The contractor for the Civic Square project is anticipated to be complete and off-site by end of September. The artist will be expected to install the shade structure in October/November 2019.

 

Estimated Project Timeline (2019)

Civic sq timeline

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7 comments to City plans to upgrade the look of Civic Square – provide some shading.

  • Stephen White

    A frivolous waste of money for a plan that yields only modest benefits. There are other more pressing priorities that are deserving of attention. This is project isn’t one of them.

  • CMG

    Not to worry. With all the high rise development coming to the downtown core, there will not be a speck of sunlight on the square. Infrastructure, we’re not so sure about.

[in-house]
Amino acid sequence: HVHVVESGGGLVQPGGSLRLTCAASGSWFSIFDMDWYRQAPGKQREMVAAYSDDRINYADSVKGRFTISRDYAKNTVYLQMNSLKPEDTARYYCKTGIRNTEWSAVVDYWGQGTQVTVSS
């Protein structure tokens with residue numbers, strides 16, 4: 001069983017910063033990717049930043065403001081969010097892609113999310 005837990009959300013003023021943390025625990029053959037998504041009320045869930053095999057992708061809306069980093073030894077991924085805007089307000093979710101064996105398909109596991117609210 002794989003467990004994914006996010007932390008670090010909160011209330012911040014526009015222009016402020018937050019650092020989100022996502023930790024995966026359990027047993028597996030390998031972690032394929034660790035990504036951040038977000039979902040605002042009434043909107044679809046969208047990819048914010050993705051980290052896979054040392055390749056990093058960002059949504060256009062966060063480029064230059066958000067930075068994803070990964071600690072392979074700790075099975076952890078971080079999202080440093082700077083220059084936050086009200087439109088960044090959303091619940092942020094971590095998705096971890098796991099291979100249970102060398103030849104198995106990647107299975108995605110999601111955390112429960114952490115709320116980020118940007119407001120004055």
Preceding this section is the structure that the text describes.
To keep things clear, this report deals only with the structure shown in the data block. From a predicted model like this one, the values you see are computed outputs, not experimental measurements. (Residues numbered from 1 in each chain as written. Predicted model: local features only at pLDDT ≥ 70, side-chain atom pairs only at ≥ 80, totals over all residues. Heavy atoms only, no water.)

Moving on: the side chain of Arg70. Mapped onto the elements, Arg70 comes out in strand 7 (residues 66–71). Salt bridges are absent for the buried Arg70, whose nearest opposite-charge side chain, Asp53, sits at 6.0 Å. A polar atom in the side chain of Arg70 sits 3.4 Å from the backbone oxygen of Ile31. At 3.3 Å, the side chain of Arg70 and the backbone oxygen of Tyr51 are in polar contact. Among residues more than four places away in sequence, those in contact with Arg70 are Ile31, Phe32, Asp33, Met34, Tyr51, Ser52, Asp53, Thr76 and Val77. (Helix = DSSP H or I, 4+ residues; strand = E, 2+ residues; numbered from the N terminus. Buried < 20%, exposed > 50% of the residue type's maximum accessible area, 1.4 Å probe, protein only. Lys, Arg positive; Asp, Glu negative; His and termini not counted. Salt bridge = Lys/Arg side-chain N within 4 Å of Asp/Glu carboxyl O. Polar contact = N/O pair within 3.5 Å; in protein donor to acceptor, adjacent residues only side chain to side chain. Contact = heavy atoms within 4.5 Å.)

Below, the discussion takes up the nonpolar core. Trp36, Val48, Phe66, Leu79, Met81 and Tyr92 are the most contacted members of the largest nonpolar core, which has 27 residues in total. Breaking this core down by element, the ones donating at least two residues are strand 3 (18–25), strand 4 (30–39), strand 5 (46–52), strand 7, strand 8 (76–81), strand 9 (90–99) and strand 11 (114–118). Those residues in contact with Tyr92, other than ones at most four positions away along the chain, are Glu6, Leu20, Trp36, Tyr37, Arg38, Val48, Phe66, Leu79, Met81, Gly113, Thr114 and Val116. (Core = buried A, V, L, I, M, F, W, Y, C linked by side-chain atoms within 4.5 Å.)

• Joe Gaetan

    Upgrading the civic square should be put on hold and should be part of the budget process where each and every expenditure is scrutinized and prioritized. The city may want to took at how condo corps are legislated and how they go about spending the unit owners money. (i.e. the Condo Act specifies that a reserve fund can be used only for replacement and major repairs, not maintenance, upgrades or regular repairs that result from normal wear and tear. These have to be covered in the regular budget. Why is the public consultation taking place in May, 3 months into the project, why not ask us before Feb 11?

  • Penny Hersh

    Why would this upgrade been done now? Before we spend this money I would think it prudent to get a 3D model of the area to see how the 2 new buildings on Brant and James Street will impact the size and scale of what should be located in an updated civic square.

    I live across the road from the Bridgewater project and the size and height of the Pier looks absolutely ridiculous beside this development.